When you’re new to a product management role, you enter the situation with minimal credibility, name recognition, or trust beyond your hiring manager.   When your entire job is to define a direction for the product and convince everyone else it’s the right one, that clean slate isn’t helpful. For this role, it’s essential to grow your sphere of influence.

You need to win people over and give your ideas and suggestions a fair shake. Do this by convincing colleagues that your strategic decisions are based on sound data, adequate deliberations, and keen insight. This is why you need to establish allies and supporters early on and before you try to shake things up.

6 Steps to Building Your Sphere of Influence in Your First 90 Days

A constant theme for new product managers is managing their sphere of influence. If you are new to the role or new to an organization, your starting months are critical. During a recent webinar hosted by The Product Stack entitled “Your First 90 Days as a New Product Manager,” Roxanne Mustafa, Design Lead at VMware, and Pivotal Tracker provides advice to new product managers.

 

1. Play the “newcomer card.”

You only get to be new once. Don’t miss your chance to let your newness pay dividends. For a few months, you get to ask whatever questions you want. Explore assumptions and delve into the product and organization’s history with honest curiosity.

Ask fundamental questions that you won’t be able to later. Probe in a non-confrontational way. Challenge ideas before the legacy of previous PMs clouds you.

Learn the history, but don’t resign yourself to relive it. This will help you understand how and why things ended up where they are. Remember, you’re on a fact-finding mission. Your mission is to understand the tribal knowledge and what things were already tried and failed. To understand how failure was defined in the first place.

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2. Utilize one-on-ones.

Mustafa says the most important thing you must do is figure out who you must talk to and what conversations you should be having. The best way to do this is to start scheduling intimate meetings with stakeholders across the organization. Starting with the product owners.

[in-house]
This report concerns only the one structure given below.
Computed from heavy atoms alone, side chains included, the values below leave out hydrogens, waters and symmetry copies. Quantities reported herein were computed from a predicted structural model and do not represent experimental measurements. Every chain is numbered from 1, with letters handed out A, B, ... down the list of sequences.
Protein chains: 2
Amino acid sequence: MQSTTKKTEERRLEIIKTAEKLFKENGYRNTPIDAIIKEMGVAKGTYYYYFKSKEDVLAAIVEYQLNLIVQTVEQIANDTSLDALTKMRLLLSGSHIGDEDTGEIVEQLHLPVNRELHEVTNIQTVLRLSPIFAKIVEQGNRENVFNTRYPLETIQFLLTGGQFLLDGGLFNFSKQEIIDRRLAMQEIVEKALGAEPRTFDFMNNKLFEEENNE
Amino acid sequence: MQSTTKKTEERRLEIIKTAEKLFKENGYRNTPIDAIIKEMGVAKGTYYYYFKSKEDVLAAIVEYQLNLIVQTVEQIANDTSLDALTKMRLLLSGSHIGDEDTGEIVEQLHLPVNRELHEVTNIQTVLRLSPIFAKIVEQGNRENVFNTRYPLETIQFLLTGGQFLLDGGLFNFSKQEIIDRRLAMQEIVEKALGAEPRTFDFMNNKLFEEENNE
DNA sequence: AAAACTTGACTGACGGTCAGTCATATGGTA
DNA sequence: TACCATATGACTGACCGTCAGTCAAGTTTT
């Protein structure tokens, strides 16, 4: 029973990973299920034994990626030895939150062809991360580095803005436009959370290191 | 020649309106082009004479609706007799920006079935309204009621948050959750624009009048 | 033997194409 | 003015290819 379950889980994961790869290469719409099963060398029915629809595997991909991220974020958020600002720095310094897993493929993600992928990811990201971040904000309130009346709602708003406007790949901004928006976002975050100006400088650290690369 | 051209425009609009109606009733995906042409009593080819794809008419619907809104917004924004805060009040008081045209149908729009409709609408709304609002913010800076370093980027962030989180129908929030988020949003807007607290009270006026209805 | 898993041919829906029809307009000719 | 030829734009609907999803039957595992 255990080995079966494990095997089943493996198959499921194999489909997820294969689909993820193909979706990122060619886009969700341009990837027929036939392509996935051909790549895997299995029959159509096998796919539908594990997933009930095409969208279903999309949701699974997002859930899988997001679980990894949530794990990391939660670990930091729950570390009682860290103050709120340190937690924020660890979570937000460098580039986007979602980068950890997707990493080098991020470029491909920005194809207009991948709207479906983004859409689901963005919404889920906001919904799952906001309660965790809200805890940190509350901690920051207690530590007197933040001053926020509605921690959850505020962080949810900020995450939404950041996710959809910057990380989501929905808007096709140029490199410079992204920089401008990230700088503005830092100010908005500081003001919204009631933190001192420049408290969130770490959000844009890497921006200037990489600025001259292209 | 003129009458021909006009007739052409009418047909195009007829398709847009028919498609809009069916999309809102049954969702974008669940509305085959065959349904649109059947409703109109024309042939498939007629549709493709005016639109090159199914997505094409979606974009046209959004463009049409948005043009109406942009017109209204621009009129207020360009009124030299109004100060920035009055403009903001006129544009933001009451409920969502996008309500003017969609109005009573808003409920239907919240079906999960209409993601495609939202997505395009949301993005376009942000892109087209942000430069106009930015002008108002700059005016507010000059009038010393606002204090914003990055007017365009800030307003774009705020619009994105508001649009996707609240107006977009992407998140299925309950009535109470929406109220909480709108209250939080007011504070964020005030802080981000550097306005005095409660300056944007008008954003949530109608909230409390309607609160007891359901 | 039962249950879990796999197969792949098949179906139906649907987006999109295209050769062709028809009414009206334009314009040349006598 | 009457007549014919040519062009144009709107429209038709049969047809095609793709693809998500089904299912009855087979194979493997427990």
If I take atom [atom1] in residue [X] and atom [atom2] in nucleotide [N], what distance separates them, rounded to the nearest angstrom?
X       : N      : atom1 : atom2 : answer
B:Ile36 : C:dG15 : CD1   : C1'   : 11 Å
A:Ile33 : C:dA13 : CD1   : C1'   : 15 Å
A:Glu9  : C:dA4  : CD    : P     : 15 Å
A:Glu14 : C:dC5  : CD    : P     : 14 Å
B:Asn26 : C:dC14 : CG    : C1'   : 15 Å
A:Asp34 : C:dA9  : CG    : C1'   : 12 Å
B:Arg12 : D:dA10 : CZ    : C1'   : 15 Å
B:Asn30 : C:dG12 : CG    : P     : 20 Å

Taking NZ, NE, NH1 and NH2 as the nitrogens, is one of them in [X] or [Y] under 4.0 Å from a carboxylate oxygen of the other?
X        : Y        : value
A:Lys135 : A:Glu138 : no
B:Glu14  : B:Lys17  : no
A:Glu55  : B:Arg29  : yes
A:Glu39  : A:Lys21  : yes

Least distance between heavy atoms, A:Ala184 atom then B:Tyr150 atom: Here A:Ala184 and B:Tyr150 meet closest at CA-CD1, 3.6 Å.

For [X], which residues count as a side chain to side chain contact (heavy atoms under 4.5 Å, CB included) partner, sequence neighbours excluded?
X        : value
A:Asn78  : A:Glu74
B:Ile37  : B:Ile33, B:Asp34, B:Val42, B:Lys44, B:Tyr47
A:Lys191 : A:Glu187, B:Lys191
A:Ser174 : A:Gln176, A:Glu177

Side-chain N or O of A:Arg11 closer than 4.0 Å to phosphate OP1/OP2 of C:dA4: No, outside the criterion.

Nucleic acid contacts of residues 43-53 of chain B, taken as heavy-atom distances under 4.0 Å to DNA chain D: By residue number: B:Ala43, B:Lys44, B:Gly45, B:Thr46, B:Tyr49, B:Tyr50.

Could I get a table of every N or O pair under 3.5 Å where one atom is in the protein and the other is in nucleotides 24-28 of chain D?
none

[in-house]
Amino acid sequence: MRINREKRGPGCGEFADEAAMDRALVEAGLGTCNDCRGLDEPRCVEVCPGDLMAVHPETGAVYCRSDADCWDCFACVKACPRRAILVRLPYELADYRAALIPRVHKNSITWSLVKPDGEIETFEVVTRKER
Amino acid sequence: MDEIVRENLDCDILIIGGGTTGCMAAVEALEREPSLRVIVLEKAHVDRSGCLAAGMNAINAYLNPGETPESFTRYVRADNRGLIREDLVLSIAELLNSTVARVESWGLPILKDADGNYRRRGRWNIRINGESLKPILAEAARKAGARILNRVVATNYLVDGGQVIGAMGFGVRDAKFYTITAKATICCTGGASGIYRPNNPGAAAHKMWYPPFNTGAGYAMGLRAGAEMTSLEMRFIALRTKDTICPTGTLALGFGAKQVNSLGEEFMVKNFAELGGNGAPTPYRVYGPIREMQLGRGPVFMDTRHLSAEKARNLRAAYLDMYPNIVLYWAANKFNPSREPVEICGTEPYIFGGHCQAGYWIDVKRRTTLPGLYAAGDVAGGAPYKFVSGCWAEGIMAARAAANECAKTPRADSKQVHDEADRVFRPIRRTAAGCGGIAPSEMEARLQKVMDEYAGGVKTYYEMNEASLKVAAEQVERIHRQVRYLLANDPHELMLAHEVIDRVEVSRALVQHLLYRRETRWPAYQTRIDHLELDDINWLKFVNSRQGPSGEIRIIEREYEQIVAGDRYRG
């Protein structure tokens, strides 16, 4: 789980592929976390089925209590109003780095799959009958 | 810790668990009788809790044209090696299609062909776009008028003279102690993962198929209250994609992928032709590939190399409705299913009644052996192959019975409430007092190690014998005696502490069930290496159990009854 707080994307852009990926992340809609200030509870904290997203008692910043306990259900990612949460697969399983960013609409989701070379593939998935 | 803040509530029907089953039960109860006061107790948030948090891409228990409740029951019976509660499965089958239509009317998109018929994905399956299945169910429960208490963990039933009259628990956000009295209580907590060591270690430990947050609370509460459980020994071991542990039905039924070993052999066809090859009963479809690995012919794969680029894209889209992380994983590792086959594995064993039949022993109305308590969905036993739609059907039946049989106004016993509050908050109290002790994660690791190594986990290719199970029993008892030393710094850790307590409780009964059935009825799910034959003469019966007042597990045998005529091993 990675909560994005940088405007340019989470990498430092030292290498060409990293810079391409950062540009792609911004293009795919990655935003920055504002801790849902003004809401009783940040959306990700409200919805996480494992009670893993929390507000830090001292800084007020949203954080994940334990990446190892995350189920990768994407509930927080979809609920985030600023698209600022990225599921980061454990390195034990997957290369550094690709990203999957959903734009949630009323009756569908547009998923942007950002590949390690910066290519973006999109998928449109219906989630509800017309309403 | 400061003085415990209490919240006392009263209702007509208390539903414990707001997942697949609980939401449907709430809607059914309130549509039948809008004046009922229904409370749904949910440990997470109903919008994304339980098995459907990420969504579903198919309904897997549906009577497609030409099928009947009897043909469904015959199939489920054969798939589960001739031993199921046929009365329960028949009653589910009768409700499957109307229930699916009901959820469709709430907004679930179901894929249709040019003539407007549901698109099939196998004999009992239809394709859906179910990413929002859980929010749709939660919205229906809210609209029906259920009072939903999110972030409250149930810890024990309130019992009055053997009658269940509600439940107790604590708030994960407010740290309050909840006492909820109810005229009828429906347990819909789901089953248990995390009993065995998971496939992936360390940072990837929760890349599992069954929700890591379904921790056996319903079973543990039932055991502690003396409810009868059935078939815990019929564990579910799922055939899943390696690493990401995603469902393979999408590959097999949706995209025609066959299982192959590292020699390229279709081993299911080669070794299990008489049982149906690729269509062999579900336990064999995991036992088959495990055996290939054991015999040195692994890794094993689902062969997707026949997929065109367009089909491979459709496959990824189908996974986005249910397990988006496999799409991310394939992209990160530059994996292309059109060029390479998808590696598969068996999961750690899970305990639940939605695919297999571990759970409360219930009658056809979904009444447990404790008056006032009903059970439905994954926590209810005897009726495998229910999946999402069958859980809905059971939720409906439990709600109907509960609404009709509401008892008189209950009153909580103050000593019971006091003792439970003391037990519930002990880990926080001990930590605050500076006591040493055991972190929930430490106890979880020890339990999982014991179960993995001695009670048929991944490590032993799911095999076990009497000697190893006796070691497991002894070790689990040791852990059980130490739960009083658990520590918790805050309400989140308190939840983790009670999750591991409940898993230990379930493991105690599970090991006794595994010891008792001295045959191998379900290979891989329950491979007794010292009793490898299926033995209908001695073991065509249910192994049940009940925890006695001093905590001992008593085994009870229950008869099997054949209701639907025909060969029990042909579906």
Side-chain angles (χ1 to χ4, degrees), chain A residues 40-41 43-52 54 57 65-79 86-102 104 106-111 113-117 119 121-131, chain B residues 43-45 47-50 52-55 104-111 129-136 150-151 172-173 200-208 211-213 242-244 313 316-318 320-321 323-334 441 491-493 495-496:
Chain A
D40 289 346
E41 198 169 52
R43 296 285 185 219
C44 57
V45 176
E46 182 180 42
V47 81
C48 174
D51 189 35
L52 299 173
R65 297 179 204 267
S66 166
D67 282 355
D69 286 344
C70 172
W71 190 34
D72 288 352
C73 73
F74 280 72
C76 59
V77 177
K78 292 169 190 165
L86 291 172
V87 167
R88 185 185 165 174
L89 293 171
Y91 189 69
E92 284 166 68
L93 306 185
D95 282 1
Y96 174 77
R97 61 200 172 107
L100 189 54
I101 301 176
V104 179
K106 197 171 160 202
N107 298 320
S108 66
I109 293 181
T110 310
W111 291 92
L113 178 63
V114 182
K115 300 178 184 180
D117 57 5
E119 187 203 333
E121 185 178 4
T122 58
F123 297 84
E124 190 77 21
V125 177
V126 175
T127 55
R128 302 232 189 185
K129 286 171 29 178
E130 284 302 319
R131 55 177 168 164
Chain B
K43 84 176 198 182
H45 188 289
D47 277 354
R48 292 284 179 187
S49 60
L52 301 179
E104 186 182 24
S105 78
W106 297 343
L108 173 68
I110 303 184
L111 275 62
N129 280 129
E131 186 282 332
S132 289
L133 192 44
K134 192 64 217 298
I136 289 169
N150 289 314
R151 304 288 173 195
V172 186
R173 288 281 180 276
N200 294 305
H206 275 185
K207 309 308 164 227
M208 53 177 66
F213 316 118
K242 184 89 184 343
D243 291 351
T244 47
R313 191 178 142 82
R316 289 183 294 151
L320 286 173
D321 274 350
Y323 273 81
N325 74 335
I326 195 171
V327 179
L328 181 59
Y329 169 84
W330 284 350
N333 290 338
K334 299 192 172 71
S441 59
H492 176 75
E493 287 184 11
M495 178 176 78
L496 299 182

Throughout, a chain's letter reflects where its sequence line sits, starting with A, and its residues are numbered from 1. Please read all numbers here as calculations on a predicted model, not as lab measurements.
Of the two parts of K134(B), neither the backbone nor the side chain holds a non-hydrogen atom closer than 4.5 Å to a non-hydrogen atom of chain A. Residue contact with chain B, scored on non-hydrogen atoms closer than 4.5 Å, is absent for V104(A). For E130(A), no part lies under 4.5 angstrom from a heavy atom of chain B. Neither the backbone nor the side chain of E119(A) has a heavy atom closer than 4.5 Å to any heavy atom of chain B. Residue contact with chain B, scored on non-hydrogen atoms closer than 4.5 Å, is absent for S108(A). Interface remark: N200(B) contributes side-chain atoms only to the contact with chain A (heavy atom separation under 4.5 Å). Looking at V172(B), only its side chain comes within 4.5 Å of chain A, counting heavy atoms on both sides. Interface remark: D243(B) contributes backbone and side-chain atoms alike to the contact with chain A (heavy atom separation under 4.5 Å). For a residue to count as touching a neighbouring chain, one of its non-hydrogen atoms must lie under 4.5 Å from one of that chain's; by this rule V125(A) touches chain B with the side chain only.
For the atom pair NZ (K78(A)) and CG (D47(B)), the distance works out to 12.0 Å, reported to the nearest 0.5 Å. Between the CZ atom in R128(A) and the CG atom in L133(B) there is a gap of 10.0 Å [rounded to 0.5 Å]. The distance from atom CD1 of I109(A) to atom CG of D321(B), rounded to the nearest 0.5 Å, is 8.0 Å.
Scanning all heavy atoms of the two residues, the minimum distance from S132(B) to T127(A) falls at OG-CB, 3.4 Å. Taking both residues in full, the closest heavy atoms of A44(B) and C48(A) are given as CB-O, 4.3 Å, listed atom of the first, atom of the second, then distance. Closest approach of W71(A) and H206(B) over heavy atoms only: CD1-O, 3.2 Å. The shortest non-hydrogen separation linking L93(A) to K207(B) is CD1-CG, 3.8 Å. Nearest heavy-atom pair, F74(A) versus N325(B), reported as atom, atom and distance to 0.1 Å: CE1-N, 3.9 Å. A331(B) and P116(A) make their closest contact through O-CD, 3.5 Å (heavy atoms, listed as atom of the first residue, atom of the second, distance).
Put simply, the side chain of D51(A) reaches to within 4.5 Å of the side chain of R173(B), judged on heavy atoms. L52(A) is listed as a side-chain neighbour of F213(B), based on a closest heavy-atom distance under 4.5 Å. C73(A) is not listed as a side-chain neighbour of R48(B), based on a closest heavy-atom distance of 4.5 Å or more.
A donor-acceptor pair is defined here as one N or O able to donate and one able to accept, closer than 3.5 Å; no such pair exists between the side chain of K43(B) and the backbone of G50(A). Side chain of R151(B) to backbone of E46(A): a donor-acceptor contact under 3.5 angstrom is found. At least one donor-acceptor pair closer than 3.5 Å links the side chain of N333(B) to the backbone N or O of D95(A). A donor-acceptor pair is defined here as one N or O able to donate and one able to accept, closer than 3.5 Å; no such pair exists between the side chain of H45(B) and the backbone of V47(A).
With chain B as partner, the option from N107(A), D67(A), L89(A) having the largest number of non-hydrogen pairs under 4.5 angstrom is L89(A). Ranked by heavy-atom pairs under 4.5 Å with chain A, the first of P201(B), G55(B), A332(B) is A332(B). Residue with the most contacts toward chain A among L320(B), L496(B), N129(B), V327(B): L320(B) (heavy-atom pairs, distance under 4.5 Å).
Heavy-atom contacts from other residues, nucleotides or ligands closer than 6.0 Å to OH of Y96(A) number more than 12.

Stay in listening mode as much as possible, using the various insights you gather to slowly build up your opinions. Be sure to see whose names keep getting dropped. This way you get a sense of where the power centers are and who are the key influencers, then add meetings with those individuals to your calendar. Make sure you get on any relevant email lists, Slack channels, or standing meeting invites.

Ask how each stakeholder and team defines “value” and “success.” This may not be consistent across the organization. Knowing which benchmarks and preferences each team has are useful. Particularly in understanding product managers’ views.

Keep your one-on-ones on the shorter side to be respectful of their time. Thirty minutes should be plenty for those initial getting-to-know-you sessions. Follow up after the initial round when needed.

3. Demos, demos, and more demos.

Any product manager should be familiar with their product and value propositions to give a product demo at the drop of a hat. As someone new to the product, demos can play an instrumental role in understanding the product. Seeing what different stakeholders think about it, and emphasize is important. So is showing existing colleagues that you’ve digested what the product has to offer and how to position it.

To do this, schedule sessions with multiple people or teams individually. You’ll want to see sales, engineering, and the existing product team demo the product in isolation. This way their commentary and presentation aren’t influenced by whoever else is in the room (or on the Zoom).

Each demo will vary in what they show off (versus gloss over) and what language they use. Seeing how sales sell the product versus what engineering believes is essential can be eye-opening. This gives insight into what each group prioritizes. You can document the gaps.